That’s not how rebuilds work successfully. Lines have to be crossed and people have to be made uncomfortable in their line of thinking, even if it’s Paxson or Hoiberg or general manager Gar Forman.

It’s not hard to see the Bulls following the thinking of the Golden State Warriors when they added Jerry West in an advisory role years ago, resulting in several key moves being made, most notably West’s objection to Klay Thompson being traded to Minnesota for Kevin Love before Love was eventually moved to Cleveland.

West’s guidance played a part in the Warriors’ upward trajectory to championship status, and he hopes to have a similar affect with the Los Angeles Clippers.

Comparing West with Collins on its face is a bit unfair, considering West’s experience as an executive and championship pedigree dating back to his days with the Lakers.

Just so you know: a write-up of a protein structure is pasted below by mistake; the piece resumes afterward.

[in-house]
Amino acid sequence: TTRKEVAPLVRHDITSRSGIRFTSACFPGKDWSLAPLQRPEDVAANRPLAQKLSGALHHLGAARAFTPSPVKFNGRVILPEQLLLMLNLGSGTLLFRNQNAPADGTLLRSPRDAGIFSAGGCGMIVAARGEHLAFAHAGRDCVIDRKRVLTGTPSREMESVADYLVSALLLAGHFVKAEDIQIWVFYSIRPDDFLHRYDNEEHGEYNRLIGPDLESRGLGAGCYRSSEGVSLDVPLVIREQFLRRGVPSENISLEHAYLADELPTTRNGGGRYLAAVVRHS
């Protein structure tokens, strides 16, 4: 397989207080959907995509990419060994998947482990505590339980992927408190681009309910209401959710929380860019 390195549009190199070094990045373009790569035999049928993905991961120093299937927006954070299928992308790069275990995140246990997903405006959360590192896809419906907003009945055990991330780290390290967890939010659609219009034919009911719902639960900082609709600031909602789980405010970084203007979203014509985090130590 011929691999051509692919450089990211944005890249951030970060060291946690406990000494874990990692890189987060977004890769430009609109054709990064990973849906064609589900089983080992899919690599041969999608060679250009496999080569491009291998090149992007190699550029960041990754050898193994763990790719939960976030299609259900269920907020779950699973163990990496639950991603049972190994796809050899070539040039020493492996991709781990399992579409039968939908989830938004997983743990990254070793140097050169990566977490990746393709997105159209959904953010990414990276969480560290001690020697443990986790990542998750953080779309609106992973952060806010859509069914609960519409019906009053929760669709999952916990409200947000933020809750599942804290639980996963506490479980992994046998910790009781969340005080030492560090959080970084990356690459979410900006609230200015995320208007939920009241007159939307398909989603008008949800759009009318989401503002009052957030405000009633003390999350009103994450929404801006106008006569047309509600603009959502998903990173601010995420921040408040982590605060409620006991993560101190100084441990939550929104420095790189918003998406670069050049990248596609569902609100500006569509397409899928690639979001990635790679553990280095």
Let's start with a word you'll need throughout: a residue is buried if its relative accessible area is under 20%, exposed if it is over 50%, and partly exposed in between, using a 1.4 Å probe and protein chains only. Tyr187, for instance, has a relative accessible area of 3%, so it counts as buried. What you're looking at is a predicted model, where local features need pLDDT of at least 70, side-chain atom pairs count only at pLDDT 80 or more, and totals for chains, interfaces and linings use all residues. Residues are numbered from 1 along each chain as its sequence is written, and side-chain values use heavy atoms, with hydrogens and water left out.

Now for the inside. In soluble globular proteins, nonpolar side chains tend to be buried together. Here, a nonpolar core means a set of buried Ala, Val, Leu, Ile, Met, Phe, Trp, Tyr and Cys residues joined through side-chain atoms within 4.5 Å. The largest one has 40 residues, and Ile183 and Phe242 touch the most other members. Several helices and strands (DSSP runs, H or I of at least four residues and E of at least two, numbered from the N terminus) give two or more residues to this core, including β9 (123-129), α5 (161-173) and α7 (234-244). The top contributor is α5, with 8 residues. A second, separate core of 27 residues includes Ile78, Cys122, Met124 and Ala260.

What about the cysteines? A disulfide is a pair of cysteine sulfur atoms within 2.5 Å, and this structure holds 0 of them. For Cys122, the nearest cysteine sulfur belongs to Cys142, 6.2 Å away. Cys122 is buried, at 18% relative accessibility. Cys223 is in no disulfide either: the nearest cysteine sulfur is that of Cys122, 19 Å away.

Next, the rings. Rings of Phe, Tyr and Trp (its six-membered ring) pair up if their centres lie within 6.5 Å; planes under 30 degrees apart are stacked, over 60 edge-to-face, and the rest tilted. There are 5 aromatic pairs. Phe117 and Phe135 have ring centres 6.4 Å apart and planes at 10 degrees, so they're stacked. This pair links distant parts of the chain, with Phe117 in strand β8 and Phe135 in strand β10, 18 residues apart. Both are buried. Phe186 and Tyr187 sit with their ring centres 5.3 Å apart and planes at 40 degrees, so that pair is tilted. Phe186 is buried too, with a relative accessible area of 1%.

At least with West, he’s not trying to convince anyone he isn’t anything but a tortured basketball soul at age 79. Collins reminded everyone he’s a grandfather of five and at a spry 66, West would call Collins a “spring chicken.”

What Collins can bring is a keen eye for observation, and expecting him to be a passive personality doesn’t quite seem right, especially leaving the cushy job at ESPN that allowed him maximum exposure and a schedule to his liking.

Perhaps the way Collins left the NBA, with a massive gambit in Philadelphia falling flat when Andrew Bynum’s knees rendered him useless and sending the 76ers franchise into “The Process,” left him with a bad taste in his mouth.

Maybe his competitive juices got him going again and the broadcast booth just wasn’t cutting it, along with having a front seat to the injury that changed the course of the Bulls franchise when Derrick Rose tore his ACL in 2012 against Collins’ 76ers.